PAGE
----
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Libya's opposition close in on symbolic city of Sirte

For the rebels of Libya, the road to the city of Sirte was proving to be a violent and perilous journey.

The two jets swooped low and fast, the missiles exploding nearby and forcing those on the road to dive for cover.

Artillery shells and mortar rounds landed in salvoes as dark plumes of smoke rose from burning buildings in the background.

Sirte has a highly symbolic as well as strategic significance in this brutal conflict. It is the birthplace of Colonel Muammar Gaddafi, where members of his clan had vowed to fight to the bitter end. The fall of this loyalist stronghold would be seen as a body blow to the regime and a huge boost to the morale of the revolution, while also opening up the way to the capital, Tripoli. After repulsing the regime's attempt to recapture Brega, a major petrochemicals centre, the emboldened opposition militia had seized the oil port of Ras Lanuf and then, within a day, had walked into Bin Jawad, a garrison town, with Gaddafi's troops seemingly retreating in disarray and defeat.

Sirte was the next stop and with it the chance to relieve Misrata and Zawiya, where protesters are being pounded by the regime.

There were congratulations from the capital of ‘Free Libya’, Benghazi, to the militant fighters, the Shabaab, while leaders of a recently set-up provisional administration talked of declaring themselves as the new government of the country.

Messages sent to the Gaddafi loyalists in Sirte warned that their nemesis was now only a hundred miles away and offering reconciliation in return for a peaceful handover of the city.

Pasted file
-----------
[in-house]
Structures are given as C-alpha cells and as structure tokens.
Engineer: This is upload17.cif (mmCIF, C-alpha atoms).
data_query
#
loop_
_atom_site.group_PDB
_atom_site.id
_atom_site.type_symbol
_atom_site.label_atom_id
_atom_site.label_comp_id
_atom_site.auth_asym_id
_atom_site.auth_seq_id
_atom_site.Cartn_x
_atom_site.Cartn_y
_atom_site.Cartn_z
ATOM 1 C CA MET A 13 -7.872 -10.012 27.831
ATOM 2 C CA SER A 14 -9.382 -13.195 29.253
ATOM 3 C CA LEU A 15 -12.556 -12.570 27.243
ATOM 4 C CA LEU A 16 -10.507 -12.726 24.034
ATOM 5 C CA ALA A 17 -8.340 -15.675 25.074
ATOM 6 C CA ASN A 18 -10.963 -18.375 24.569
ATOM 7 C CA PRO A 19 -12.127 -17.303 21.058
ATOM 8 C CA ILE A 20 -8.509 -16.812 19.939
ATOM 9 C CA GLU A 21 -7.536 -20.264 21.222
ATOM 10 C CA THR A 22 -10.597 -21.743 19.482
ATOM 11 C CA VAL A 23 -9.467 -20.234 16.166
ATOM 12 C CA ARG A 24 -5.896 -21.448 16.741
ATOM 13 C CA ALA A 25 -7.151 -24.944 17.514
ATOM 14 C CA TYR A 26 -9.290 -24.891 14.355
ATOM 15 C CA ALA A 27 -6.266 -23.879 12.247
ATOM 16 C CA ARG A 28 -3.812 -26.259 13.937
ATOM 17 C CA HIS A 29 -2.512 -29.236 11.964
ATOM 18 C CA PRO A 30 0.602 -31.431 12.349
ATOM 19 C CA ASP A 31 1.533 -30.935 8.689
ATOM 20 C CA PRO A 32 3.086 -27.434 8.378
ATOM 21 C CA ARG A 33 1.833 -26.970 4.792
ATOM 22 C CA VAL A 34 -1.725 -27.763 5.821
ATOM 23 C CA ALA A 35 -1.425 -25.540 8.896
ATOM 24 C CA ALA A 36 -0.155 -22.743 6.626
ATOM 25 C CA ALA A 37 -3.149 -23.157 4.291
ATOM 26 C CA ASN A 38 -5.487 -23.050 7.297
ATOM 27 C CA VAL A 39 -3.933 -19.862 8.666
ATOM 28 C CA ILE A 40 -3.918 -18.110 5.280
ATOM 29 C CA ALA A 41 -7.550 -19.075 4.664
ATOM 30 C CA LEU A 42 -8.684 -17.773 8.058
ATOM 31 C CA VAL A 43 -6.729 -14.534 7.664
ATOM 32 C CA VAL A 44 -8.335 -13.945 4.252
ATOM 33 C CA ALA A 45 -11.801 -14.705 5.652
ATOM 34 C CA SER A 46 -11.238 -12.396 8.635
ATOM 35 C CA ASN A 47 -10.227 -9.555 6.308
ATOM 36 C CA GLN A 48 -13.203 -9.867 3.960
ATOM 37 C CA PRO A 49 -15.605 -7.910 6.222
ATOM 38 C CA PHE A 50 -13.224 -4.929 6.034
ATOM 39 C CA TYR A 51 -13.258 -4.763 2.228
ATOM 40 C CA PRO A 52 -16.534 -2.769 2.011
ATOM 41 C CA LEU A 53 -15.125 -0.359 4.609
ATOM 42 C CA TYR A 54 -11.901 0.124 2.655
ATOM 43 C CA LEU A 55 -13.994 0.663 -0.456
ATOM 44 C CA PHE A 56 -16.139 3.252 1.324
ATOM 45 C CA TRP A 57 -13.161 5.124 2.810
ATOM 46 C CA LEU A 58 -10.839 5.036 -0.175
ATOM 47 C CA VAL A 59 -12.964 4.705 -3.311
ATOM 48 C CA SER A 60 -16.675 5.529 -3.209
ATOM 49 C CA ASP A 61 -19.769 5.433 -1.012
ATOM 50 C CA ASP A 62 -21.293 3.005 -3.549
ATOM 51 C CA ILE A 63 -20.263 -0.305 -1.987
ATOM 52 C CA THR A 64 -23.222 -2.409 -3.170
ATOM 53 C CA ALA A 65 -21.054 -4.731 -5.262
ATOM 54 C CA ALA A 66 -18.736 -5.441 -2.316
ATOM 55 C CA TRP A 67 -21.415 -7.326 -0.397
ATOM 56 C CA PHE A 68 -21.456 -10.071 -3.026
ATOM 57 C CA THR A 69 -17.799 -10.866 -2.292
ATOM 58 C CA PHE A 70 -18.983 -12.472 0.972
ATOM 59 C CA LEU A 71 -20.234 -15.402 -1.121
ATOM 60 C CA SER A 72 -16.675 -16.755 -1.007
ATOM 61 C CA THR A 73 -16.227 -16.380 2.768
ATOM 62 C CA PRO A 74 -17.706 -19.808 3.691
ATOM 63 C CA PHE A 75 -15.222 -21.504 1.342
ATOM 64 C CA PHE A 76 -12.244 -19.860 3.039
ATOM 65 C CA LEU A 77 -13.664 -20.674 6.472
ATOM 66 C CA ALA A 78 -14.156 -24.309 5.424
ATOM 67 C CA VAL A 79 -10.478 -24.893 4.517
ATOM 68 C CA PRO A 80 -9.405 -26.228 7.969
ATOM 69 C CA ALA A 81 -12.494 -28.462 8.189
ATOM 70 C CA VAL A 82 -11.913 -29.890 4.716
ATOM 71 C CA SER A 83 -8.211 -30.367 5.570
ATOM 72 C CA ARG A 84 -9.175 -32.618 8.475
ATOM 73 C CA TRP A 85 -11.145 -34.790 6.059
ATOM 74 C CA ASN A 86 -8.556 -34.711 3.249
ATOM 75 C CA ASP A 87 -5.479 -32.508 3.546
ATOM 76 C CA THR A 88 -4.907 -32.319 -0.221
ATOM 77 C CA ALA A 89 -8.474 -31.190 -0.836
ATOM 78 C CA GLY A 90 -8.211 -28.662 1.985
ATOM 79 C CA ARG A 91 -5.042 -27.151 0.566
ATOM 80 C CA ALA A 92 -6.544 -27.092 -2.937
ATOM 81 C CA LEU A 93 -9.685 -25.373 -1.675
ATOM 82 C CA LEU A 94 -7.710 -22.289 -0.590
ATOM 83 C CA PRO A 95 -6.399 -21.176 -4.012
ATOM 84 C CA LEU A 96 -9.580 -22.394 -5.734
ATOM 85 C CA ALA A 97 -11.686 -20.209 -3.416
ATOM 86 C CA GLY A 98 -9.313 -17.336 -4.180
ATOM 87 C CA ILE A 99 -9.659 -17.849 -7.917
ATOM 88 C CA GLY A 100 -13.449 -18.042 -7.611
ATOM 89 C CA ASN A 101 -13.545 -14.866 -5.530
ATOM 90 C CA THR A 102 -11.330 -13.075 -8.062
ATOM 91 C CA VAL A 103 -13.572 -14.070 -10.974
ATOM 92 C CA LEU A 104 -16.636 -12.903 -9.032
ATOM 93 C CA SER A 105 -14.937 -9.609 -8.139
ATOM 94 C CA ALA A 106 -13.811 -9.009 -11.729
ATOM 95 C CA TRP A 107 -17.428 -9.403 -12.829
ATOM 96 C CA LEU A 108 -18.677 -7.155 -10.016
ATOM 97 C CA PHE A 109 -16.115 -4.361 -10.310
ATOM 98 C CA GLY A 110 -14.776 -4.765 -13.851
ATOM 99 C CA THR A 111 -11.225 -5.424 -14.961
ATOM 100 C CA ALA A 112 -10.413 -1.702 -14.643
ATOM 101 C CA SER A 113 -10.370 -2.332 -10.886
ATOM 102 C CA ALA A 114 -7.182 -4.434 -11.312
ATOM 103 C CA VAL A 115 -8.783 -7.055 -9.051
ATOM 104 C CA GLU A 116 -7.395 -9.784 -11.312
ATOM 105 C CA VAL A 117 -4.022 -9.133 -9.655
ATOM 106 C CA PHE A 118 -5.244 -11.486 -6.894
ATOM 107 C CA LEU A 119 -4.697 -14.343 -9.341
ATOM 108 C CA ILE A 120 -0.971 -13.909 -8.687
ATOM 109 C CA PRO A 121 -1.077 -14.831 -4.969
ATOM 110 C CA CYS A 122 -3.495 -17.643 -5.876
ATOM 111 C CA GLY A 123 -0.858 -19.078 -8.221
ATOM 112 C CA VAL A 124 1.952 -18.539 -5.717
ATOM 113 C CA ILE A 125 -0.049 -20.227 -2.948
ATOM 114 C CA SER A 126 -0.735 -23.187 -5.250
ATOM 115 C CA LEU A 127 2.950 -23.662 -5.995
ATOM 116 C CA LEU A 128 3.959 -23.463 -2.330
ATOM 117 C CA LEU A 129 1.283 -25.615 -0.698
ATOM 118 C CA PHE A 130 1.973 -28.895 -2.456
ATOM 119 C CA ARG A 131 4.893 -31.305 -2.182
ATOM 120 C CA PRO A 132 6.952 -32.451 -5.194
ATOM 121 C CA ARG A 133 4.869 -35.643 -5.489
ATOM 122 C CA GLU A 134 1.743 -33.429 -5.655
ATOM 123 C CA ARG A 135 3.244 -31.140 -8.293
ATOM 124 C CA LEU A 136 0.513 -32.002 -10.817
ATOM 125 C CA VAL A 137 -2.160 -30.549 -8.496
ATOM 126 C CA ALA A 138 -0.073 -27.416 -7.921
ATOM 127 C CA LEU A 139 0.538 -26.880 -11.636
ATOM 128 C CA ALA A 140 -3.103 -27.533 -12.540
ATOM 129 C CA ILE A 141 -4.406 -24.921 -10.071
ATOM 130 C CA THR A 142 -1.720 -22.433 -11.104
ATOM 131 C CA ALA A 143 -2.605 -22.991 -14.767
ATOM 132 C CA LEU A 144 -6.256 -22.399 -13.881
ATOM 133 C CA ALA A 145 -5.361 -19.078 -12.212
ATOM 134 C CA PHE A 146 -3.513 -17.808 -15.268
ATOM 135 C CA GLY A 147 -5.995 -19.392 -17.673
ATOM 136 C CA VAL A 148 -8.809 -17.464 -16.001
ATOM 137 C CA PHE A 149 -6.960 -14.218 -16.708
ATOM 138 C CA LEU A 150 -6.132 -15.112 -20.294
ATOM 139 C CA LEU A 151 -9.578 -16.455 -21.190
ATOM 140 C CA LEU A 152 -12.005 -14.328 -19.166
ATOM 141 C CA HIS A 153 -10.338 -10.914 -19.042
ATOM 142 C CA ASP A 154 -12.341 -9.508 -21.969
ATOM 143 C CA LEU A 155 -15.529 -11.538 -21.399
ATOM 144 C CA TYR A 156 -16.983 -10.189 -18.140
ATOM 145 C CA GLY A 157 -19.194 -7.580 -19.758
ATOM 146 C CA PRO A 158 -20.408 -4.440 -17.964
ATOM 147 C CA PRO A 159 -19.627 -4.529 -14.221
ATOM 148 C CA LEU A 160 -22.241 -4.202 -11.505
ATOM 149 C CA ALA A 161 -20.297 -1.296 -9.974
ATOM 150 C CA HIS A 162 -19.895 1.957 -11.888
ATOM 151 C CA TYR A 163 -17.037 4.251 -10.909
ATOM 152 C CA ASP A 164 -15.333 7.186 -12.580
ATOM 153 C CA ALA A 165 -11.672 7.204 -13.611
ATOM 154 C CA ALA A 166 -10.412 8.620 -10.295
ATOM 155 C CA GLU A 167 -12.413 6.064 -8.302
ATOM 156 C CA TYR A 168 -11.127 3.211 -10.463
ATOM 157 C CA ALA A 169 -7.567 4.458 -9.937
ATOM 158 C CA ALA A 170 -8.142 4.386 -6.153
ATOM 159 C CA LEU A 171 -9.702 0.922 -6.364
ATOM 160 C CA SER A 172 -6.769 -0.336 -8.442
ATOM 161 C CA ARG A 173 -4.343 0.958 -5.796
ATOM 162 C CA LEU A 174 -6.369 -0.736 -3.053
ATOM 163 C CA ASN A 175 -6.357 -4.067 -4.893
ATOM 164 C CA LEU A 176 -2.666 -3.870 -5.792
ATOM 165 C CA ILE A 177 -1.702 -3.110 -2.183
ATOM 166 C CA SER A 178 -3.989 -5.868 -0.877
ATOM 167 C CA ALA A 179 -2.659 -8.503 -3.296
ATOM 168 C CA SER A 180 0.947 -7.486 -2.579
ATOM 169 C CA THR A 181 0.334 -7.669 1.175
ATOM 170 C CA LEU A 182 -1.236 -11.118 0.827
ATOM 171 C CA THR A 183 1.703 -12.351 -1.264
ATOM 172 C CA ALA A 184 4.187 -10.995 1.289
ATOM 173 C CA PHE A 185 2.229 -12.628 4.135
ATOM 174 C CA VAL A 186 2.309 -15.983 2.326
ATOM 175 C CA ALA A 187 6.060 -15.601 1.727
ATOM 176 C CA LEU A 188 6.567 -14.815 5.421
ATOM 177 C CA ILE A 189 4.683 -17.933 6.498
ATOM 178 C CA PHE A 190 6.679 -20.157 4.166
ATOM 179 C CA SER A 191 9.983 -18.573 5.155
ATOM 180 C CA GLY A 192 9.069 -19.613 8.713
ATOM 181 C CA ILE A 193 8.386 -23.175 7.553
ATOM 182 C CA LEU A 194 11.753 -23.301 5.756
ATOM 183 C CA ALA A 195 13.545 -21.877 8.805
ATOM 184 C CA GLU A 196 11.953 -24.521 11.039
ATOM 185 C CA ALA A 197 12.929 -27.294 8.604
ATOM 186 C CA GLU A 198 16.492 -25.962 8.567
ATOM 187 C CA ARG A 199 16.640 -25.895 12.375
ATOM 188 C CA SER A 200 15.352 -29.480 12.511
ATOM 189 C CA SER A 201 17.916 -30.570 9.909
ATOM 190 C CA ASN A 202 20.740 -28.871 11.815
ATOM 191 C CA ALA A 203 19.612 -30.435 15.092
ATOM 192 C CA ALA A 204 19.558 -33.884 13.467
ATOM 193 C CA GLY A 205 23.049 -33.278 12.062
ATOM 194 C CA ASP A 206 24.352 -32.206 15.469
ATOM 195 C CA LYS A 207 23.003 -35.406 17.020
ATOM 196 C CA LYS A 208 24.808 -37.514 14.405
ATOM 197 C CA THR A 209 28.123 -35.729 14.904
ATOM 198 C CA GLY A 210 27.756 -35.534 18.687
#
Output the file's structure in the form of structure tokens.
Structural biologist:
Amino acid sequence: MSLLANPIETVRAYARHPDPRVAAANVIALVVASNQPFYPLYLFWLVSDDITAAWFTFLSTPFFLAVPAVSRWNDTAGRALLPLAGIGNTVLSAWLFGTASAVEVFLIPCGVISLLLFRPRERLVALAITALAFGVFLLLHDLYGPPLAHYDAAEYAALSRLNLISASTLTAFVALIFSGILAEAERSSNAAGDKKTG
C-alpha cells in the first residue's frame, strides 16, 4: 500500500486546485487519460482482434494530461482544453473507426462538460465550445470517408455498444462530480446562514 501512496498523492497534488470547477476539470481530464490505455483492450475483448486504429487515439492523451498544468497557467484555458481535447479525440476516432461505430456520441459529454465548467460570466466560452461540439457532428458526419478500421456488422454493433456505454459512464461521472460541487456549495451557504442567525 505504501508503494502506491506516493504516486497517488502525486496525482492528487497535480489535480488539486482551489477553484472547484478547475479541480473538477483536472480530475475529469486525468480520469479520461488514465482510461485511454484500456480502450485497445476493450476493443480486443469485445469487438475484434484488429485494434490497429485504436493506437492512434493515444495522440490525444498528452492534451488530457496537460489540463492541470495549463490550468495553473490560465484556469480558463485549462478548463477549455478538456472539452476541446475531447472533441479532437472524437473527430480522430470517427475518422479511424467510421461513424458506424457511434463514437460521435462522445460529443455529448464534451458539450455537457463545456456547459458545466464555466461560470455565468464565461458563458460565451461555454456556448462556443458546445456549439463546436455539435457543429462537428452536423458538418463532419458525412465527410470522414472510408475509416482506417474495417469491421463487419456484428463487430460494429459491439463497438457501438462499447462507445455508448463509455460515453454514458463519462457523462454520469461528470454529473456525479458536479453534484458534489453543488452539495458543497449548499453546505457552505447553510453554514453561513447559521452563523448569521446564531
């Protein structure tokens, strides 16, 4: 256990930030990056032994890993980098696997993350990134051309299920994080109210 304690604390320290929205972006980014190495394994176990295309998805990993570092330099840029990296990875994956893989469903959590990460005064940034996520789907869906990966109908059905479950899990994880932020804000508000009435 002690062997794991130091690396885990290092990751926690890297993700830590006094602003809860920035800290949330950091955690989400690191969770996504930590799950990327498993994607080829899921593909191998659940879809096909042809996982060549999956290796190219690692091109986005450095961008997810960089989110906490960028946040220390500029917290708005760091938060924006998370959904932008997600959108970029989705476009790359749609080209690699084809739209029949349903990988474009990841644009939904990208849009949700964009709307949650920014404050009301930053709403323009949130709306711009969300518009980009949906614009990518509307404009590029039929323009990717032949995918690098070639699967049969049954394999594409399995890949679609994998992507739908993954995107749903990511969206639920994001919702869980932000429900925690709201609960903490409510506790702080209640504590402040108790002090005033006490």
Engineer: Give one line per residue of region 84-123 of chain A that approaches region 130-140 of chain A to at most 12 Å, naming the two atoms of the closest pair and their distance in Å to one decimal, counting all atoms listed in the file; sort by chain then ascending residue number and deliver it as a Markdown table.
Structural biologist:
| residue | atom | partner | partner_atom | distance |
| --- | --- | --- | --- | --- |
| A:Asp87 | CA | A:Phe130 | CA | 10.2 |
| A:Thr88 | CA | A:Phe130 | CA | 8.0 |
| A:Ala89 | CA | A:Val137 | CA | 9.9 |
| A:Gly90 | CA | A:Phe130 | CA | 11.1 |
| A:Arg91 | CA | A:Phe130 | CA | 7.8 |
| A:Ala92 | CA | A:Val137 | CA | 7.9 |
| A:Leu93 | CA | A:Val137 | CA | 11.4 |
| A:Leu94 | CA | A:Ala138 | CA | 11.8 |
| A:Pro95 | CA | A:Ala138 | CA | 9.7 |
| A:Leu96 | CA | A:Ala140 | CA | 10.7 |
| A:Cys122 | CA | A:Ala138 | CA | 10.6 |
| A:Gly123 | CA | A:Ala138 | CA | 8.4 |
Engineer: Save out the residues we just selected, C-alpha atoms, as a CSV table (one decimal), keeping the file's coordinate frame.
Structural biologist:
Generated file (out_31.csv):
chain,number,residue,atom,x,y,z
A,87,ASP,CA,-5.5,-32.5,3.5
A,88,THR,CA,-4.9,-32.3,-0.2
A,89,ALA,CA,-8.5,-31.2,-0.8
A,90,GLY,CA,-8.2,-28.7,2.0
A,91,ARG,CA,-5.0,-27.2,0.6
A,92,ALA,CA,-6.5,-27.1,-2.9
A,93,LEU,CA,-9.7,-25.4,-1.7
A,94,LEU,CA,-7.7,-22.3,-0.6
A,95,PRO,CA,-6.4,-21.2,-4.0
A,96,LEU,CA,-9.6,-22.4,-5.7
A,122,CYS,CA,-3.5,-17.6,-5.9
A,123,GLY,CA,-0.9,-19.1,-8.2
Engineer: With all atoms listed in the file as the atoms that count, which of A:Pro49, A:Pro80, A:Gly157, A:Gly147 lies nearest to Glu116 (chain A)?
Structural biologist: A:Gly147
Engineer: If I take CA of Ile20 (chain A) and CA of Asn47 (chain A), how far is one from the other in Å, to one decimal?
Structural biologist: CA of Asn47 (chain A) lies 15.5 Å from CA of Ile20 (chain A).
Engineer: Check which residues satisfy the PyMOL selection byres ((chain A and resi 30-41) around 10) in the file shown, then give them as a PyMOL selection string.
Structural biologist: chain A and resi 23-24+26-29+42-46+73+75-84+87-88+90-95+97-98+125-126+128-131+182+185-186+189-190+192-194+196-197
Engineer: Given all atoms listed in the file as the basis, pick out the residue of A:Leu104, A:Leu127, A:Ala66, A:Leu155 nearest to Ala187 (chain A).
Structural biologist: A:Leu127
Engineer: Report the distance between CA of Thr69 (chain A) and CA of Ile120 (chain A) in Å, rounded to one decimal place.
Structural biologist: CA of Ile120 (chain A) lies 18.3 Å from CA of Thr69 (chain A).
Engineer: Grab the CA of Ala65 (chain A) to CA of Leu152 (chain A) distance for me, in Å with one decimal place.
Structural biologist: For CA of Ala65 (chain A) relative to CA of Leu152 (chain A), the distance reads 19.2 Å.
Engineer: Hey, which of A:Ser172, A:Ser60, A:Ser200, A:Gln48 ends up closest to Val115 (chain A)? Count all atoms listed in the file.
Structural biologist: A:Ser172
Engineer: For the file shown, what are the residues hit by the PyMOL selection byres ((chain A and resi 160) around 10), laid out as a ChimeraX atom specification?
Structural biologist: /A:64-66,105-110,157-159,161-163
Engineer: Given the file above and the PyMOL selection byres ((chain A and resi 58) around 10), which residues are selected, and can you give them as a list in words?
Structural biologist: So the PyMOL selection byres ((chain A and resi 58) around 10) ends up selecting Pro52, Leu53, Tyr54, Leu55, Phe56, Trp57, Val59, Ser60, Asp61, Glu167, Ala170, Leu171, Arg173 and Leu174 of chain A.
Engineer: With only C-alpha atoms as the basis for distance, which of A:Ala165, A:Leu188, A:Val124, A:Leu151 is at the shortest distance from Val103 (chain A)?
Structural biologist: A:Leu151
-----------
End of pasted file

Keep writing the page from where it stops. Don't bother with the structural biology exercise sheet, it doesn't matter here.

But yesterday, the regime struck back. Rebels claimed to have repelled attacks in the western towns of Zawiya and Misrata.

And in the east, Gaddafi forces launched one of the fiercest, sustained bombardments of the campaign with tanks, rockets, mortars, rifles and anti-aircraft artillery used as ground weapons while fighter-bombers and helicopter gunships carried out sorties above.

“They are killing, killing us, we need help,” shouted Ibrahim Waleed, from the back of a flatbed truck streaming back from Bin Jawad. “Gaddafi is cutting us to pieces, we cannot hit back.”

The 23-year-old teacher was one of many volunteers, almost all untrained, who had taken up arms for the cause. They had revelled in the easy victories of the last week, but were now tasting real fear.

Behind them, in Bin Jawad, 300 Shabaab fighters were cornered. Rebel fighters desperately urged their commanders to mount another counter-attack to save their comrades. Up to another 50 died as they fought surrounded by regime troops, they said.

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